I recently repaired the traffic and walk signals at BBCM. The system had been running on a PLC (Programmable Logic Controller) which failed, and rather than find the proprietary programming cable and find and install the PLC Windows software, I decided to just put an Arduino and relay control board in place.
I had a Teensy++ 2.0 I had pulled from another exhibit during an upgrade, and an 8 channel relay board on hand. These relay boards come in different configurations from 1, 2, 4, 8, and even 16 relays. Since I really only needed 5 relays (and 5 pins) I could have used an ATtiny85, but I had the Teensy++ 2.0 readily available. The wiring is all done using female to female jumper wires.
I mounted everything to a piece of scrap MDF and added mounting holes to that, with the idea that we’d screw the whole thing directly into the wall. The relay board has mounting holes, but the Teensy does not. That’s probably my one complaint about the Teensy boards, is that mounting them isn’t always easy. My Teensy BOB has mounting holes, but for mounting this Teensy++ 2.0 I just used some 3M™ VHB™ tape. (The “VHB” stands for “Very High Bond”). And yes, there are a few 3D printed parts on there. At some point I should make a 3D printed holder/mount for a Teensy++ 2.0
I try to label things clearly. If I look at this thing in 6 months, or 2 years, or someone else has to look at it, I want it to be somewhat apparent what is what, so there’s not a lot of guesswork as to what is going on. I included a label with the name of the Arduino sketch, and I always like to label power supplies. Sometimes we use 5 volts, and sometimes 12 volts, and they typically have tiny hard to read type printed on the side of the power supply that you can’t see when it’s plugged in.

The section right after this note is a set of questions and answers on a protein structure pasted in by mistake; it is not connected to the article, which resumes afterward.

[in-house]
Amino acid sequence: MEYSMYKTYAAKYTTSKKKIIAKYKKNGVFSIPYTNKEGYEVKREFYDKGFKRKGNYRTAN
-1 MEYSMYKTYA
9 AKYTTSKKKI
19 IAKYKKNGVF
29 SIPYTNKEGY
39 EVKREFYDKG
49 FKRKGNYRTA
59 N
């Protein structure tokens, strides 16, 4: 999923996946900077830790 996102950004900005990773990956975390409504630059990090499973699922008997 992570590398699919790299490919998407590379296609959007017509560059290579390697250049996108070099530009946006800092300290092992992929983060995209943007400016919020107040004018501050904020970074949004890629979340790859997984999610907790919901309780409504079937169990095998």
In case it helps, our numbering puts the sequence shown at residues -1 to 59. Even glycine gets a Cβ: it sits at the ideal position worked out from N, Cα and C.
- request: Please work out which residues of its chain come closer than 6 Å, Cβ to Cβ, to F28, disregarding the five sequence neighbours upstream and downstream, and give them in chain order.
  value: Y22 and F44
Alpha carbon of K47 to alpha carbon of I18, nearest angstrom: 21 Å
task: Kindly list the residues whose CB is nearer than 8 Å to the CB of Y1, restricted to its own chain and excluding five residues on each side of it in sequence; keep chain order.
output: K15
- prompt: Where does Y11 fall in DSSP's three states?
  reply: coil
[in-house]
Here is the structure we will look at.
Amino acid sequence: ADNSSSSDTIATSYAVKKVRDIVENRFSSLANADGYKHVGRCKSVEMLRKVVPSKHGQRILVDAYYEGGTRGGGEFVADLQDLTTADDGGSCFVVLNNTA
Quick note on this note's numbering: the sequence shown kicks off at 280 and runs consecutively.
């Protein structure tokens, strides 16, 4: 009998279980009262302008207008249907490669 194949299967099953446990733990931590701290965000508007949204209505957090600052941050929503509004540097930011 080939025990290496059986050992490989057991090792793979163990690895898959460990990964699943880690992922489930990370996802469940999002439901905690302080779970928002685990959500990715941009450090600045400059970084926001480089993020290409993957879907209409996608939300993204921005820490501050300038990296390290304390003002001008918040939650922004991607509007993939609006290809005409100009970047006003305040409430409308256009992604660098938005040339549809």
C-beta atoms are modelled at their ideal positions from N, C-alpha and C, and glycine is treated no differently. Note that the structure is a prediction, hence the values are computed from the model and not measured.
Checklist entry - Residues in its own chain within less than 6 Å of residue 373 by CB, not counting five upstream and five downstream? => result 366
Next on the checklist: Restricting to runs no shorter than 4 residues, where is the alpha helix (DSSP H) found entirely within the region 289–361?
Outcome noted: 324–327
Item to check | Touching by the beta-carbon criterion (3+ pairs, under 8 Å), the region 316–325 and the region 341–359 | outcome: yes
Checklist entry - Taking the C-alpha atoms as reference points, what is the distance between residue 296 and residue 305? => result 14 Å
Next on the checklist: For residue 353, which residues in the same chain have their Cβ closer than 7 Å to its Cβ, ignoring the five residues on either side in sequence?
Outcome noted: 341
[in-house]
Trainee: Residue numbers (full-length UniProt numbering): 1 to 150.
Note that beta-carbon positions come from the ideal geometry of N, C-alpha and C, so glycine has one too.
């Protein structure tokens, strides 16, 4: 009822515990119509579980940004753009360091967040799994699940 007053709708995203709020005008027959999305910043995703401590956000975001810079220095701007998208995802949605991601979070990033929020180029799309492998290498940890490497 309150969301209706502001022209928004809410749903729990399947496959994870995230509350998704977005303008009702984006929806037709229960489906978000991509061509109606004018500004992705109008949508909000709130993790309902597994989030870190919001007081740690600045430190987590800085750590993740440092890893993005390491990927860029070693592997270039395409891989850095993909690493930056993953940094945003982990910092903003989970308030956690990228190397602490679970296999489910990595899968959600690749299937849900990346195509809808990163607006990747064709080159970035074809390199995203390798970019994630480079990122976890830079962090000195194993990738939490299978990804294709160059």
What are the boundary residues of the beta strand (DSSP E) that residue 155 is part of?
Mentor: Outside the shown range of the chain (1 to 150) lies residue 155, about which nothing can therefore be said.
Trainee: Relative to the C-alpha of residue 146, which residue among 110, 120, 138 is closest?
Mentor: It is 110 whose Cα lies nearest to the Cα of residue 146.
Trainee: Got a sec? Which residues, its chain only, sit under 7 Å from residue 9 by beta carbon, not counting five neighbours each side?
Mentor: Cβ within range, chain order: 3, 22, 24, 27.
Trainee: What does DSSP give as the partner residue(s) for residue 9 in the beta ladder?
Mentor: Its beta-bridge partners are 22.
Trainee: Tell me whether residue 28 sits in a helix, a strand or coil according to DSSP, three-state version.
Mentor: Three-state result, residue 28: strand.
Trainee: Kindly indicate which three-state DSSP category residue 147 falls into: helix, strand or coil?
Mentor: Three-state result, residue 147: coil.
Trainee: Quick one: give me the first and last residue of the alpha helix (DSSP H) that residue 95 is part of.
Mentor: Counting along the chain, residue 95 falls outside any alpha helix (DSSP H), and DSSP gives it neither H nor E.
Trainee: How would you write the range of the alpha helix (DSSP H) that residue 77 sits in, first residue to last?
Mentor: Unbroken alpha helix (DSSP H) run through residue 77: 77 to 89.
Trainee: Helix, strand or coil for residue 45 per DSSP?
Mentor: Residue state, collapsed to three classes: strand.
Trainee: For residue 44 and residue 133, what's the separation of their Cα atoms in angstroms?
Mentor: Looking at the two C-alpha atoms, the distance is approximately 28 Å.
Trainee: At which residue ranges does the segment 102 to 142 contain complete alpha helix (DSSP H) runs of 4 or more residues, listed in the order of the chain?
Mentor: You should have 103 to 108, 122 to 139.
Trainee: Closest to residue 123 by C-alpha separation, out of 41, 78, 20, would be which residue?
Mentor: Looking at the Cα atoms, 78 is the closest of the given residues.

The one thing I should start to add to the labels is the URL of the wiki page where the thing is documented. (Next time I’ll do this.)
Here’s the controller mounted. It’s not pretty. We ended up re-using the mount that the PLC was in, rather than screwing it right into the wall. In my defense, we did this repair on the floor during open hours, and it’s mounted high on a wall behind a TV. Does it work? Yes… Is it awesome, no… but again, it totally works.
The wiring for the lights was all 12 VDC, not 110 VAC, so those thin gauge wires are fine. Also, they were labeled, which was handy. (Thanks previous person who worked on this and labeled things!)
I try to create wiring diagrams for everything. I use Fritzing because it’s simple and awesome and open and free. I often don’t find the components I need, but you can always just use a note and some text.
Here’s the script/sequence for the lights:
- Green Light is ON
- Walk Light is ON
- Waiting 4 seconds…
- Walk Light is OFF
- Don’t Walk Light is BLINKING (for 5 seconds)
- Green Light is OFF
- Don’t Walk Light is ON
- Yellow Light is ON
- Waiting 4 seconds…
- Yellow Light is OFF
- Red Light is ON
- Waiting 6 seconds…
- Red Light is OFF
- Don’t Walk Light is OFF
- (Repeat sequence)
I wrote this up to figure out how to program things. I find it helpful to plan things out before I start writing the code.
At first I just talked through the light sequence with someone and we made some assumptions about how it worked. We were slightly wrong, which I discovered when I dug a bit deeper into traffic lights and walk signals. I read at least some of the (very long) Wikipedia page on Traffic Lights. I also hunted for other info, and found some on the Signals FAQ page on the Minnesota Department of Transportation web site. (As I mentioned with the 911 Phone I really do aim for an accurate and realistic experience with these things.)
It’s been a few weeks and the lights have been working fine. Hopefully that will continue to be the case. If something does stop working we’ll open a ticket for it so we have a record. And yes, we do use an issue tracker for our museum exhibits… doesn’t everyone?